Not too long ago, all the content Wikipedia would fit in this type of footprint (in 2010 it was just under 6TB with media.)   Here is a fun illustration of what this scale of data would look like on paper (just the ~10GB of text, not the images.)  Now remember, we’re not talking about fitting all that data on the local disks of the server – we’re talking about fitting it in main memory.   This is becoming crucially important in the field of data analytics, where “in-memory” is the key to speed and competitiveness.  Applications like SAP HANA are at the forefront of this trend. Today, at Intel’s launch event in San Francisco, Dan Morales (Vice President of Enabling Functions at eBay) joined us to talk about how they’re betting on this type of analytic technology to help them make the eBay Marketplace work better for buyers and sellers (and eBay shareholders.)   I’ll post a video clip of that soon; his description of the challenges and opportunities, at eBay scale, is worth a watch.

We’ve talked about memory scaling, and Bruno Messina has a nice post that talks more about the scalability on these systems and UCS at large.   But dominating performance is the name of the game: behemoth processing performance is what we look for at this end of the server spectrum and Intel has not disappointed on this round of new technology.   The next generation of the Intel Xeon E7 family packs up to 15 cores per processor and delivers an average 2x performance increase compared to previous generation products.   Performance will be even higher on specific workloads, for example up to 3X on database and even higher for virtualization.   Cisco’s implementation of this technology has once again set the standard for system performance.   In today’s launch, Intel cited Cisco with 6 industry-leading results on key workloads.  As of this posting, the closest to come to that achievement that was Dell with 4.  HP ProLiant posted 1.  So hats off, once again, to the engineering team in Cisco’s Computing Systems Product Group.  Girish Kulkarni has a great summary of the performance news here.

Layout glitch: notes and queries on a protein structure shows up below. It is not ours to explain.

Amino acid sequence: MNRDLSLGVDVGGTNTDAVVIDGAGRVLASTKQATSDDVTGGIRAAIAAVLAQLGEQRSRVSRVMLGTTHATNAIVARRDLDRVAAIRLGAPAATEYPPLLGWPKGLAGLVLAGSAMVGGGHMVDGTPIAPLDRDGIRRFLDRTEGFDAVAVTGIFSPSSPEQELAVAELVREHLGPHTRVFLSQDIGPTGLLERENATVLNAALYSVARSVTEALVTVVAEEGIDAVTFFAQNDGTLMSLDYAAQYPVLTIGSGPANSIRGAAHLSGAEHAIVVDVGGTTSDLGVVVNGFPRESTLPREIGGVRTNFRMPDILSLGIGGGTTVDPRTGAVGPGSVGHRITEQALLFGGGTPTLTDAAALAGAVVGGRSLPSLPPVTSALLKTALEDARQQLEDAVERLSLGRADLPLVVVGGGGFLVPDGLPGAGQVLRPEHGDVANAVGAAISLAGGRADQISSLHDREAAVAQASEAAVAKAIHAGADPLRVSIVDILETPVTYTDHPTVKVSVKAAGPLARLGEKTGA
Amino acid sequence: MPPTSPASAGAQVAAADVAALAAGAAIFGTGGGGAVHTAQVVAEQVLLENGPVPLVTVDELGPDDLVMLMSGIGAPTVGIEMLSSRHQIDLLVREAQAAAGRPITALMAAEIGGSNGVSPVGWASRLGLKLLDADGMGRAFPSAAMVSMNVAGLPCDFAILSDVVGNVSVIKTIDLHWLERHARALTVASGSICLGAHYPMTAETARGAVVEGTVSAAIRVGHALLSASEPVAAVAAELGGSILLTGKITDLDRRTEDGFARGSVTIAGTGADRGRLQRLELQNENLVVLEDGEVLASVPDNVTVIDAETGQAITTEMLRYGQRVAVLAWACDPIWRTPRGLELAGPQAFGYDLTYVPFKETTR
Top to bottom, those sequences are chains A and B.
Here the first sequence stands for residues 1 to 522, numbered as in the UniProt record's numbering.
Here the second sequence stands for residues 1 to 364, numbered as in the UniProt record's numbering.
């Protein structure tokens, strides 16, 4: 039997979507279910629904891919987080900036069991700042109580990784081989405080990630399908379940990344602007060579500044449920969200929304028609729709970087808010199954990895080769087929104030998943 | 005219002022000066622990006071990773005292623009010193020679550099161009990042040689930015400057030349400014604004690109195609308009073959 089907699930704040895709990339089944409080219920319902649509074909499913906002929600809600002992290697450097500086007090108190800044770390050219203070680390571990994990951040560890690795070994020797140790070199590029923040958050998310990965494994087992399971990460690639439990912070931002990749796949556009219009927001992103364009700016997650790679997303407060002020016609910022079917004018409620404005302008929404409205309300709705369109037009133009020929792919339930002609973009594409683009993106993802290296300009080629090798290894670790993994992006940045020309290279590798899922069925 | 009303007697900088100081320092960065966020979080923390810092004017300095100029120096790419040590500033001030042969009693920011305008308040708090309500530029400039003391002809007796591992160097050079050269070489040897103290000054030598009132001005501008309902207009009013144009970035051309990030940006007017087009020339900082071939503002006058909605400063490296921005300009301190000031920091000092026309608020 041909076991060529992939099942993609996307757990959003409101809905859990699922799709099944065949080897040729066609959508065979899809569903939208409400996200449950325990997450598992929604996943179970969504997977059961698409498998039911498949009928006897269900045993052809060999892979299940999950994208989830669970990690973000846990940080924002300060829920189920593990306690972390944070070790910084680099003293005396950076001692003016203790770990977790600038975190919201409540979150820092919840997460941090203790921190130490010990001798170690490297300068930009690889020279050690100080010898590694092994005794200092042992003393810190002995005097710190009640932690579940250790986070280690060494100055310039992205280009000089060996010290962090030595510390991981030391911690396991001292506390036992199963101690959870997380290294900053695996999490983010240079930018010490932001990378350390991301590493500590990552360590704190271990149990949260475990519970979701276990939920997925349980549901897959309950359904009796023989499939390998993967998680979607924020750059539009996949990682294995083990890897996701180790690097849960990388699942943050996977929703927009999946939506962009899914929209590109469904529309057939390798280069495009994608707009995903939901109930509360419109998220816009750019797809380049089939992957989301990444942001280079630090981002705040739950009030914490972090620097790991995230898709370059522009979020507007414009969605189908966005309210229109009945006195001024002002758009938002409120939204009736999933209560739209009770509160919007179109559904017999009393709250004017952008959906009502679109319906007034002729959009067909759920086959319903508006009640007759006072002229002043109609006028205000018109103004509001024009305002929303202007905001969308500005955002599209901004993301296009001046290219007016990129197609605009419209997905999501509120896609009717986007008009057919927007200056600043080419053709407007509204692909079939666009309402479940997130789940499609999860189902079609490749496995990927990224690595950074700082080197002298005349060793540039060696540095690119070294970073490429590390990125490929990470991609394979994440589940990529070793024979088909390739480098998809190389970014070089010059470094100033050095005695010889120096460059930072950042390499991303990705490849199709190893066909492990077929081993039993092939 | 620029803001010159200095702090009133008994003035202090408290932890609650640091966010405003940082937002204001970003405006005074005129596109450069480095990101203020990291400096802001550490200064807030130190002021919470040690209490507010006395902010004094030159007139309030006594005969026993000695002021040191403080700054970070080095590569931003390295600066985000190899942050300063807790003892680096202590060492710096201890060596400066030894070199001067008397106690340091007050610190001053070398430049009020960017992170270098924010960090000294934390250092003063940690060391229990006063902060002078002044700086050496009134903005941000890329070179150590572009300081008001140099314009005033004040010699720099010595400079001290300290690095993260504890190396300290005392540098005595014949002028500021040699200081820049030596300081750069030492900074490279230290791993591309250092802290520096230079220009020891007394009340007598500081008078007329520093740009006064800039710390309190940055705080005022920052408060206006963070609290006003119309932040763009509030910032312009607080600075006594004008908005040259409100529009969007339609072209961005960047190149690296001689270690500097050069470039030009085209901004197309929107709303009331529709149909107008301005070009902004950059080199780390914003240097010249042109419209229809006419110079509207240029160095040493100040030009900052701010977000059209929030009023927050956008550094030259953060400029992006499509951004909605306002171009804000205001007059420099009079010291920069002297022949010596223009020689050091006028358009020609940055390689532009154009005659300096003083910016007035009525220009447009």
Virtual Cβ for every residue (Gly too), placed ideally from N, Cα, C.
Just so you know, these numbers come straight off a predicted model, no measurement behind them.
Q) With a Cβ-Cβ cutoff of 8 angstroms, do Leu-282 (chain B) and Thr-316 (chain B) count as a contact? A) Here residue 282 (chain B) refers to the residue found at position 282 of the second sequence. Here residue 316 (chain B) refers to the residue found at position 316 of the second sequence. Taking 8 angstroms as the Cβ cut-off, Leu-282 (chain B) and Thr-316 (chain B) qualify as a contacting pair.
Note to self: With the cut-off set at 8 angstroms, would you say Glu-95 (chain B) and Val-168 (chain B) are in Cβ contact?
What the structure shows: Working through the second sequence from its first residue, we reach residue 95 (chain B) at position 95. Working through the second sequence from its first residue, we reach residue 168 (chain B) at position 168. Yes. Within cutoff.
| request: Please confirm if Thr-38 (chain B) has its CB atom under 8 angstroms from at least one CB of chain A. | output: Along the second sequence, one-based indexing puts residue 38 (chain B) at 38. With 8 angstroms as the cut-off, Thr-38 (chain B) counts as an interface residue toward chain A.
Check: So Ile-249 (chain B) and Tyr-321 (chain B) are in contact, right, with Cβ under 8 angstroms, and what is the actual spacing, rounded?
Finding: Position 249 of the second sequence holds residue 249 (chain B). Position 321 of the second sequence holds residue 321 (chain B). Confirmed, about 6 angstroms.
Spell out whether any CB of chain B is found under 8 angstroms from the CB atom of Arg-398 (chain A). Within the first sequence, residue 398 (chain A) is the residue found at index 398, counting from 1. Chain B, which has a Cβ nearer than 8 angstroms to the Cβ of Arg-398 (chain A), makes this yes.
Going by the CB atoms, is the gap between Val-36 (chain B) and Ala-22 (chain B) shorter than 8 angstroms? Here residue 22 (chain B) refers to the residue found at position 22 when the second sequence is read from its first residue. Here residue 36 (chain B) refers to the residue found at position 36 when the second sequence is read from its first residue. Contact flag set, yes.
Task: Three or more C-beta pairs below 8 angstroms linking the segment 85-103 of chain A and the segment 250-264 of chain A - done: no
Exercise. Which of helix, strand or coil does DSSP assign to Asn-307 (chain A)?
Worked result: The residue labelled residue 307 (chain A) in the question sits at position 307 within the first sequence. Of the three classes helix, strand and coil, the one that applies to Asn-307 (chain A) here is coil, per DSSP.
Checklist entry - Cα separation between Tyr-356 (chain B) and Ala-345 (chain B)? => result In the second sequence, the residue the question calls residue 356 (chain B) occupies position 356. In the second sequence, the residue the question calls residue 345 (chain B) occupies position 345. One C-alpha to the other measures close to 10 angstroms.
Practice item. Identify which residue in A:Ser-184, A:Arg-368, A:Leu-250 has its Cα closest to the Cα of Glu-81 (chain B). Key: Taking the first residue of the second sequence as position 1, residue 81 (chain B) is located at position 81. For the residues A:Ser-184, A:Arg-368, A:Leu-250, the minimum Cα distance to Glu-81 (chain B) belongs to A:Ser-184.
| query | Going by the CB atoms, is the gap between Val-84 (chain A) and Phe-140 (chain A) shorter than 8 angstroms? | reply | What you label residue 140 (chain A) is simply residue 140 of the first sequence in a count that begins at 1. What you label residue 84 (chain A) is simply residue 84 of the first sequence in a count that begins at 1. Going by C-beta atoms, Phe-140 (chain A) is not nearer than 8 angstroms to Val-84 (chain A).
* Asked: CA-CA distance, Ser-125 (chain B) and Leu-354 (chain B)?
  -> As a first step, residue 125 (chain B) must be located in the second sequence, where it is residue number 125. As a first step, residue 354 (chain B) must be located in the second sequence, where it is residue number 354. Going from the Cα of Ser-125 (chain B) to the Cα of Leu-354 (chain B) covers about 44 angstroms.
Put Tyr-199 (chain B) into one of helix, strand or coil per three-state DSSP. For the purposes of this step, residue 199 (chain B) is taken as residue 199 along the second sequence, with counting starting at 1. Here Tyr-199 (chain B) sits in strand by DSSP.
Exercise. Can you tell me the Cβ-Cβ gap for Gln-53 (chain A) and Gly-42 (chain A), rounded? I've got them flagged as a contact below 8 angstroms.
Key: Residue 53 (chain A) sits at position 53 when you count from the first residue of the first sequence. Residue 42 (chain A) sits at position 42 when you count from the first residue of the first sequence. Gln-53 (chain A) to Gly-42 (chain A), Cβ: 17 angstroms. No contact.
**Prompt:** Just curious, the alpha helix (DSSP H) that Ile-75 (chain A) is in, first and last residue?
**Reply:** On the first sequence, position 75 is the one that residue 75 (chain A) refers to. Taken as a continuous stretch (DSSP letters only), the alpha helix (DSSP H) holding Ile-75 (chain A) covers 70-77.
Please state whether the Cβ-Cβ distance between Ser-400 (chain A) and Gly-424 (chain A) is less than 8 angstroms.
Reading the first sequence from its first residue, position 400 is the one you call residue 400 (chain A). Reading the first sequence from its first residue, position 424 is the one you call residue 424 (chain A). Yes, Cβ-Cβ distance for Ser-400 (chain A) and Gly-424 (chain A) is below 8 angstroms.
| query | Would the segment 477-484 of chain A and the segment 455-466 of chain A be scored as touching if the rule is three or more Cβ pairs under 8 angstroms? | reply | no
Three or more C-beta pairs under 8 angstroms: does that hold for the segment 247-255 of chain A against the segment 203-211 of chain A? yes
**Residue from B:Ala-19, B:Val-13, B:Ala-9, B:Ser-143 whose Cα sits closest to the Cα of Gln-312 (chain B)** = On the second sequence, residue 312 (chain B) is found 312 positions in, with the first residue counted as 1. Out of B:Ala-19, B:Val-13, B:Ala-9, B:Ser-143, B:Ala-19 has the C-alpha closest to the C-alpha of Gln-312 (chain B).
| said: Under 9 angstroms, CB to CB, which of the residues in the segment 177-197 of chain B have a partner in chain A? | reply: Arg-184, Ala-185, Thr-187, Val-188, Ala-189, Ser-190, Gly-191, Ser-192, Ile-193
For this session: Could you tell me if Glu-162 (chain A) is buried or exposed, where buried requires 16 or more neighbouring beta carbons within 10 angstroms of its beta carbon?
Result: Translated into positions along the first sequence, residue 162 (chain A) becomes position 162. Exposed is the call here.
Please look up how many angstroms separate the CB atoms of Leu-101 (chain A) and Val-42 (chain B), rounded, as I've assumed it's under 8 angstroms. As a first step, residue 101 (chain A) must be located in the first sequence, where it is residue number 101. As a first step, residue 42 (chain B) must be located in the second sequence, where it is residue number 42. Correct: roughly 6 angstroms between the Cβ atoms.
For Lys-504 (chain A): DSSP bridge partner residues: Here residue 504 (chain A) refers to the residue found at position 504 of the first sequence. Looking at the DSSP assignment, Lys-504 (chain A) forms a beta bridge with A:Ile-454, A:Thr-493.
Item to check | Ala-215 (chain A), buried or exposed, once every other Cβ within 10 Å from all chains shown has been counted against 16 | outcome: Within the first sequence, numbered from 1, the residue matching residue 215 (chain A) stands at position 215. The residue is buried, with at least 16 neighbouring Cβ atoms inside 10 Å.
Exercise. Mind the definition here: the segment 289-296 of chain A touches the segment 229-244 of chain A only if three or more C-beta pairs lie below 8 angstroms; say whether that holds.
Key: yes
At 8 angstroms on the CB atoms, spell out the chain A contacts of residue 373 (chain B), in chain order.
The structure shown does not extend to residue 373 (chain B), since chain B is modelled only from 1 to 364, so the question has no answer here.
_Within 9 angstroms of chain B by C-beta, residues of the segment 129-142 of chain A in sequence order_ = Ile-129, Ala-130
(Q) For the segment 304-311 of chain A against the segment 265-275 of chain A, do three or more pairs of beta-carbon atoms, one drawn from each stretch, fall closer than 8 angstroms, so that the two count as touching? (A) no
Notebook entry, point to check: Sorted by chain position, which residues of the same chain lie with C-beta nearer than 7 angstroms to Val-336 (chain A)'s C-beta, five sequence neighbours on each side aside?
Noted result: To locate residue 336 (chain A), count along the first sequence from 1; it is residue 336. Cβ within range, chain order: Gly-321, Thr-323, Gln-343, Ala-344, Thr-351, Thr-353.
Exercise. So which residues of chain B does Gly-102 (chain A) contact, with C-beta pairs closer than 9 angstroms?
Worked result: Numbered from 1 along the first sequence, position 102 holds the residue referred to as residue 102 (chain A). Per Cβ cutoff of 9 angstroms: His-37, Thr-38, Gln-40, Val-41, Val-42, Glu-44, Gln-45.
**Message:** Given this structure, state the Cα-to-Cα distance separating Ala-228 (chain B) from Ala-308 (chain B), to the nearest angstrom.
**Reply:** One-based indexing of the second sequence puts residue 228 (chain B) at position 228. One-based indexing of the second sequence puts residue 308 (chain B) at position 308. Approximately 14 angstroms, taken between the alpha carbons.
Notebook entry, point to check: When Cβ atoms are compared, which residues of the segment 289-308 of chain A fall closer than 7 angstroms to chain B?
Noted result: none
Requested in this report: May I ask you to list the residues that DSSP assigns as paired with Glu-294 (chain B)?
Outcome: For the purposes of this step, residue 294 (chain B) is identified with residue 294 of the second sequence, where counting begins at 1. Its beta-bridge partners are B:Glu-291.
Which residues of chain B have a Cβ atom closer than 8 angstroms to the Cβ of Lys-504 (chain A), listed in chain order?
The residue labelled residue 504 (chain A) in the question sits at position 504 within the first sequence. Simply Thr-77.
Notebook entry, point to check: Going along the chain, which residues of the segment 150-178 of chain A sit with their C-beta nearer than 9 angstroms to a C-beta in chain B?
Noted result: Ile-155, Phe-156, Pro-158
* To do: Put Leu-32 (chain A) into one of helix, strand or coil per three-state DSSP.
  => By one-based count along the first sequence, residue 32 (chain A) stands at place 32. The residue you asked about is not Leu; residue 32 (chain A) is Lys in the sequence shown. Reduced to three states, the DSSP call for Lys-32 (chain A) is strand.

New UCS Mission Critical Servers from Cisco Data Center

 

Our collaboration with Intel is one of the best technology combinations in the industry today.  Consider what we both bring to the party.  Intel: innovation in processor technology that drives Moore’s Law.  Cisco: innovation in connecting things across the data center and around the world.  UCS is an outcome of two blue-chip tech powerhouses investing in real innovation and the results have changed the industry.

In 1991, Stewart Alsop famously wrote:  “I predict that the last mainframe will be unplugged on 15 March 1996.”  He just as famously had to eat his words.  He munched on those twelve years ago, and while mainframes and RISC-based systems remain, there is an inexorable trend as the heaviest analytic workloads continue to shift to the type of scale-up x86-based systems we’re talking about today.   It only makes sense.  So while this will garner me plenty of comments from the architectural purists out there, I say “go ahead and plug a mainframe back in.”  It will fit right in your UCS B-Series blade chassis…